Alexion Pharmaceuticals’ HR Chief: How to step out of the HR box
In this installment of our Employee Experience Visionaries series, hear from Anne-Marie Law, Chief Human Experience Officer at Alexion Pharmaceuticals, about:
- How creating chaos will liberate the future generations of employees.
- How to design HR systems that talk to each other – and put employees first.
- Her tips for overcoming the invisible confines of working in HR.
On her passion for having an impact
“We’re disrupting dated systems that aren’t working for our people today, but we also hope other organizations will be inspired to follow our lead.”
Delivering the best experience for both employees and patients is what drives me. By working to improve broken experiences, I hope to make a positive impact on the lives of their families and loved ones, too.
It all starts with liberating our employees from old systems. As an example, let’s take the pay leveling system. This hierarchical system was built to tell you how to pay people, but it uses several false assumptions. People closest to the customer are at the bottom of that hierarchy. Yet, those employees are on the front lines generating interest in our products and helping people deliver them. We need a completely different approach to rewarding. Doing so creates more chaos than order, but that chaos is precisely what’s needed to change hierarchical systems that aren't working for us anymore.
On the biggest obstacle she faced in her role
“People only wanted me to speak up when my topic was on the agenda, not when I had a point of view.”
It’s difficult to be pigeon-holed as an HR person. When I started my career, I knew I wanted to focus on helping organizations deliver impactful programs and initiatives – and I found my means of doing that within the function of HR. But I’ve always felt that my role is to impact the business, not just HR. Others’ perception of my function became limiting, as I was only expected to contribute when something HR-related was being discussed.
Once I started building a network outside of HR, I was able to break down the walls others had built around me – and people saw I was capable of much more than the responsibilities assigned to me.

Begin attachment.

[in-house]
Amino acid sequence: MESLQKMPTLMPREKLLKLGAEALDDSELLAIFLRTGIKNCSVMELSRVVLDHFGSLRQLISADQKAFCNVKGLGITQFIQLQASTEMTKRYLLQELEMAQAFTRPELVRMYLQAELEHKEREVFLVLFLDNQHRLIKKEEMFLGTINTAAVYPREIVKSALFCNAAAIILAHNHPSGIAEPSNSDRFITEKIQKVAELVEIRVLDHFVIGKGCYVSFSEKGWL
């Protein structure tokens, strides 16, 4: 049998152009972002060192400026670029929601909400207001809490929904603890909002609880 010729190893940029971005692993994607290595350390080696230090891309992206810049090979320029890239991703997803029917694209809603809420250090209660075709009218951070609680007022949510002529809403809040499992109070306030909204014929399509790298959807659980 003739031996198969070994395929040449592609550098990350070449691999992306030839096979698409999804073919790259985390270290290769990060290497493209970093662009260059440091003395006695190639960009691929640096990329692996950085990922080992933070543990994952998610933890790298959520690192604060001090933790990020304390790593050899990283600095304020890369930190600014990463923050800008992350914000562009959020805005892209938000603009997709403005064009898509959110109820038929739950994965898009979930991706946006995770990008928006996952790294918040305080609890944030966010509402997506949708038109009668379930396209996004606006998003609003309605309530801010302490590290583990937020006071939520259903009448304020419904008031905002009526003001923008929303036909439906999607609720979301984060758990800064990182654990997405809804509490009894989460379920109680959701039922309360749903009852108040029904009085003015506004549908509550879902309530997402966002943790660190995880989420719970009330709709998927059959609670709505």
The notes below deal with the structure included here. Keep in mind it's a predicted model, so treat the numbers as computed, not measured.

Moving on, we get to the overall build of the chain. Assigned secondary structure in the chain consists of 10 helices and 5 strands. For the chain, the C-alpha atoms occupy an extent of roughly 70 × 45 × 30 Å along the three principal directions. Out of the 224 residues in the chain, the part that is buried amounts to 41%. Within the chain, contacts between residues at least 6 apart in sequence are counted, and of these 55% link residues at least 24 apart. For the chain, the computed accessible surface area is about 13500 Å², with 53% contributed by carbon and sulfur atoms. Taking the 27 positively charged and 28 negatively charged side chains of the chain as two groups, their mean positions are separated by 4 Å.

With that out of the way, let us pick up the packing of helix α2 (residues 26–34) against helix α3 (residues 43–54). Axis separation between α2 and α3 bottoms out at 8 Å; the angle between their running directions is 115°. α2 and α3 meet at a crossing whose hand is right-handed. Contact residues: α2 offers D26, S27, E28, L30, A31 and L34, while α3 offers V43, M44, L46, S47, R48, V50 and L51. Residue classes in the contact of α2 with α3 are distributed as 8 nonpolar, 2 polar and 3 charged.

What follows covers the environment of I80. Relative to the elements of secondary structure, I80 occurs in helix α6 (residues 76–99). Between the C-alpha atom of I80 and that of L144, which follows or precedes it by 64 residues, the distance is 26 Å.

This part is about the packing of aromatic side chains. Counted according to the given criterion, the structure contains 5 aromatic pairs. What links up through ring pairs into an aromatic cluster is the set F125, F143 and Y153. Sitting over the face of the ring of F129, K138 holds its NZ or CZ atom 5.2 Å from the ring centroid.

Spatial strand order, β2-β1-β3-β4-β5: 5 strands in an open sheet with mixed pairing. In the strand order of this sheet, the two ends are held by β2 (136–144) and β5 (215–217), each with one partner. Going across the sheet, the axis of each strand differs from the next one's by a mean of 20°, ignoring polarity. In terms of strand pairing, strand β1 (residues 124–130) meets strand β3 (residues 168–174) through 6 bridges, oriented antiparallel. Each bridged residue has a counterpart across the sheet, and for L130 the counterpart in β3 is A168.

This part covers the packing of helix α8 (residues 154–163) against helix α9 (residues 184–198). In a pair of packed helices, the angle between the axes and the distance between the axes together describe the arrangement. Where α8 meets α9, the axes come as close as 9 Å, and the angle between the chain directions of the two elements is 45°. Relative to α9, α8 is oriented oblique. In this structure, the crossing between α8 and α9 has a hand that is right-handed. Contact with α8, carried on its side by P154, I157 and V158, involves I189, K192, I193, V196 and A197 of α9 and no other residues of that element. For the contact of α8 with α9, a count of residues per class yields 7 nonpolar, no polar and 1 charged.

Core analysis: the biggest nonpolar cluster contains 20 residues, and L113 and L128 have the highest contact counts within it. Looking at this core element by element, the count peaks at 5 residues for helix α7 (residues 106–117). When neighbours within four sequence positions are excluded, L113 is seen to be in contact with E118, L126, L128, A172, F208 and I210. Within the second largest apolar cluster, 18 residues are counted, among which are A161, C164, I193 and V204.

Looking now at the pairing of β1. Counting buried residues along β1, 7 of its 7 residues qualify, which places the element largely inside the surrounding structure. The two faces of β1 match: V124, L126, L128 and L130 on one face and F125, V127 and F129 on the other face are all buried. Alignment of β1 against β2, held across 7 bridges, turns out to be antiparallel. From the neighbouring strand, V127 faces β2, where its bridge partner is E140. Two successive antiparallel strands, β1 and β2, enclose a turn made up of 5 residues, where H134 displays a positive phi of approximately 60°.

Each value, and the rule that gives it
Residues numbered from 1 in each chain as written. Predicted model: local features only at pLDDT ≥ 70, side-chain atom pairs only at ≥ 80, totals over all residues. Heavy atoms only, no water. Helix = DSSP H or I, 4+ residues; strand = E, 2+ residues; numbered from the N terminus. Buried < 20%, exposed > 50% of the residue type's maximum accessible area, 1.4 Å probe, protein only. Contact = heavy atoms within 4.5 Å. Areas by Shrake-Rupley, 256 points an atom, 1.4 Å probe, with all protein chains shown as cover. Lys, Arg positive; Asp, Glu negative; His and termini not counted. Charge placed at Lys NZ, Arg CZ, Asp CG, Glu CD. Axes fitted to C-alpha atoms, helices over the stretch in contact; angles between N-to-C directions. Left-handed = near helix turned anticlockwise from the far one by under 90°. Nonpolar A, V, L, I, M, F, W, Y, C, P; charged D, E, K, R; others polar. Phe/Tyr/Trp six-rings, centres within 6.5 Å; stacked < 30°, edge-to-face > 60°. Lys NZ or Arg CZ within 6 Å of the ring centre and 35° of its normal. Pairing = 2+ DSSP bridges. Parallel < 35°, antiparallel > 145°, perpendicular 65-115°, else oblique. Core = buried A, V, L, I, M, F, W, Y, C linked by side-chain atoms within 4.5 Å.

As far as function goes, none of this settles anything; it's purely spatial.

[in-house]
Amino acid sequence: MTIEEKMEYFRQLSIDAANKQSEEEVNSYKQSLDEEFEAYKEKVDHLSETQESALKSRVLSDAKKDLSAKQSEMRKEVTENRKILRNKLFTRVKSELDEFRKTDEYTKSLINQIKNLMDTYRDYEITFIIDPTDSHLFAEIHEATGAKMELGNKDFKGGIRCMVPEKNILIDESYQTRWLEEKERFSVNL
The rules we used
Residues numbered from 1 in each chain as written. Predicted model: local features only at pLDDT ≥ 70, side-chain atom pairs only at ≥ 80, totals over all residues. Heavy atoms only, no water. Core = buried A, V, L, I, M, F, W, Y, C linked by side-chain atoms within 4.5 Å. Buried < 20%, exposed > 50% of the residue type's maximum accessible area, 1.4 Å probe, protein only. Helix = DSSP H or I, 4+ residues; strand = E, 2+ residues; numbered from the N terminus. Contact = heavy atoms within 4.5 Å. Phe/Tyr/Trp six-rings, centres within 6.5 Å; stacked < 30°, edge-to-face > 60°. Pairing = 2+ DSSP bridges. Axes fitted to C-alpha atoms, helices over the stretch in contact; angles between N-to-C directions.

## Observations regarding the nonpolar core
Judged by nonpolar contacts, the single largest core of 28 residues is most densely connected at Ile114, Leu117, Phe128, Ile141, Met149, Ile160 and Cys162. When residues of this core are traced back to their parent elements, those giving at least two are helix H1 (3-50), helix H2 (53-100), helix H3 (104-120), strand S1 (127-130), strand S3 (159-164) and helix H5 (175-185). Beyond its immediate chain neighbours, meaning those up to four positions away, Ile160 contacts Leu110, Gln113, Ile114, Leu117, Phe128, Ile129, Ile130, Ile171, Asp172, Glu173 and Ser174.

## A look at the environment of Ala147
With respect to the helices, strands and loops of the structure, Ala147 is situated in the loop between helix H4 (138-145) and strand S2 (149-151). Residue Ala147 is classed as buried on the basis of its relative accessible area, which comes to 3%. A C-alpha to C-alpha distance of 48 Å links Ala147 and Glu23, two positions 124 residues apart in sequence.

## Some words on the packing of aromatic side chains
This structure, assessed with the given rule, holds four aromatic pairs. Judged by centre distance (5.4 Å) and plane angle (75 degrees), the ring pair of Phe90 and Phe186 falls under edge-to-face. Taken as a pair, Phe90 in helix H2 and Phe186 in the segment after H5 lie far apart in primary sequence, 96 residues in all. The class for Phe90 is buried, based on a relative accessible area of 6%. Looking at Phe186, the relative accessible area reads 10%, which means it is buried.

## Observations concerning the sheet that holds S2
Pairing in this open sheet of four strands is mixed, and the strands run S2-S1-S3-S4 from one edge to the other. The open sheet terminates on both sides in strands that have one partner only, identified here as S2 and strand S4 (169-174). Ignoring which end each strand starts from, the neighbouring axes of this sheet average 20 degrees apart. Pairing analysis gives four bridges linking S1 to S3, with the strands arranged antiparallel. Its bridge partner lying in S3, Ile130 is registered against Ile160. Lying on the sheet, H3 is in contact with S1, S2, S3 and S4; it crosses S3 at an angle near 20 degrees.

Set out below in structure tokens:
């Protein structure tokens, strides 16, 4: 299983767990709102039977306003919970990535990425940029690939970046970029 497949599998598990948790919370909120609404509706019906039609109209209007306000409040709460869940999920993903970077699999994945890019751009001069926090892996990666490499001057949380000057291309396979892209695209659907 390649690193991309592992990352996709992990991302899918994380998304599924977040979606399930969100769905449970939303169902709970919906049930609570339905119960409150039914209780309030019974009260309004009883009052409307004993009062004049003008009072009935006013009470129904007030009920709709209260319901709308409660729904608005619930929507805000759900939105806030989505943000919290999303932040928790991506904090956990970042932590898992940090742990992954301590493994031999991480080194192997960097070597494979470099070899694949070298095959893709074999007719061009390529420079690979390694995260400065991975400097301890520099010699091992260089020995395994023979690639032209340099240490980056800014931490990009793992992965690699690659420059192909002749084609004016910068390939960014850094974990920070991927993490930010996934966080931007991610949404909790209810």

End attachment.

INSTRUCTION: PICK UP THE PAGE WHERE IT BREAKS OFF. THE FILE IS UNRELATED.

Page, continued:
On embracing people data
At Alexion, we had been disproportionately focused on understanding our customers, not our employees. So, some of the challenges we’re experiencing right now are around gathering people data and data governance.
On the flip side, just starting to look at our people data presents a tremendous opportunity for us. We’re taking a closer look at the tenure of employees and the trends at different stages. For example, we’re now able to measure the ebbs and flows of employee optimism. Data helps us to ask more pointed questions and dig into the ‘why’ behind these trends.
We don’t know enough about how people evolve throughout their career at Alexion. Our data is able to tell us a person’s tenure in a position, however, we know career growth is not always tied to a promotion or title change. We’re missing opportunities to celebrate that growth, so this will be one avenue I continue exploring as our data grows more robust.
On being seen in totality at work
“In seeing me as a whole person, my leader expects much more of me than the others who had put me in a box.”
My current leader has transformed my employee experience. For the first time in my career, I feel a sense of belonging. He sees me not in my parts – not my gender or ethnicity or experience – but in totality. In seeing what I’m capable of, he expects me to go beyond what I’ve done before. It’s both scary and liberating. Best of all, he’s inspired me to create an environment for others to feel like they can not only be themselves, but reach their full potential, as well.
On what she talks about with other HR leaders
Organizations are naturally resistant to change and when left to their own devices, employees will divert back to what they’re used to. When I speak with my colleagues in HR, I’m keenly interested in hearing how they keep the focus on new programs and policies. I’ve found that because being a CXO – especially one overseeing EX and CX – is still fairly new, not many of my peers (myself included) have the answer yet. Time will tell what it will take to keep that energy alive.
On what HR leaders get wrong
“When it comes to designing HR systems, we need to think about the whole experience from the employee’s perspective and optimize for what will make the full experience better – not just one small part.”
The whole HR experience is more important than its individual parts. Often, HR designs components of a system—and tries to make those components perfect – without thinking about the outcome or how the system will work with others. Because of this, HR is creating a bad employee experience.
Take the annual performance review process. The relative importance – and ROI – of a team spending hours optimizing the appraisal form is minimal. Instead, that time should be spent getting managers ready for productive conversations throughout the course of the year. That’s where the most impactful employee experience lies.
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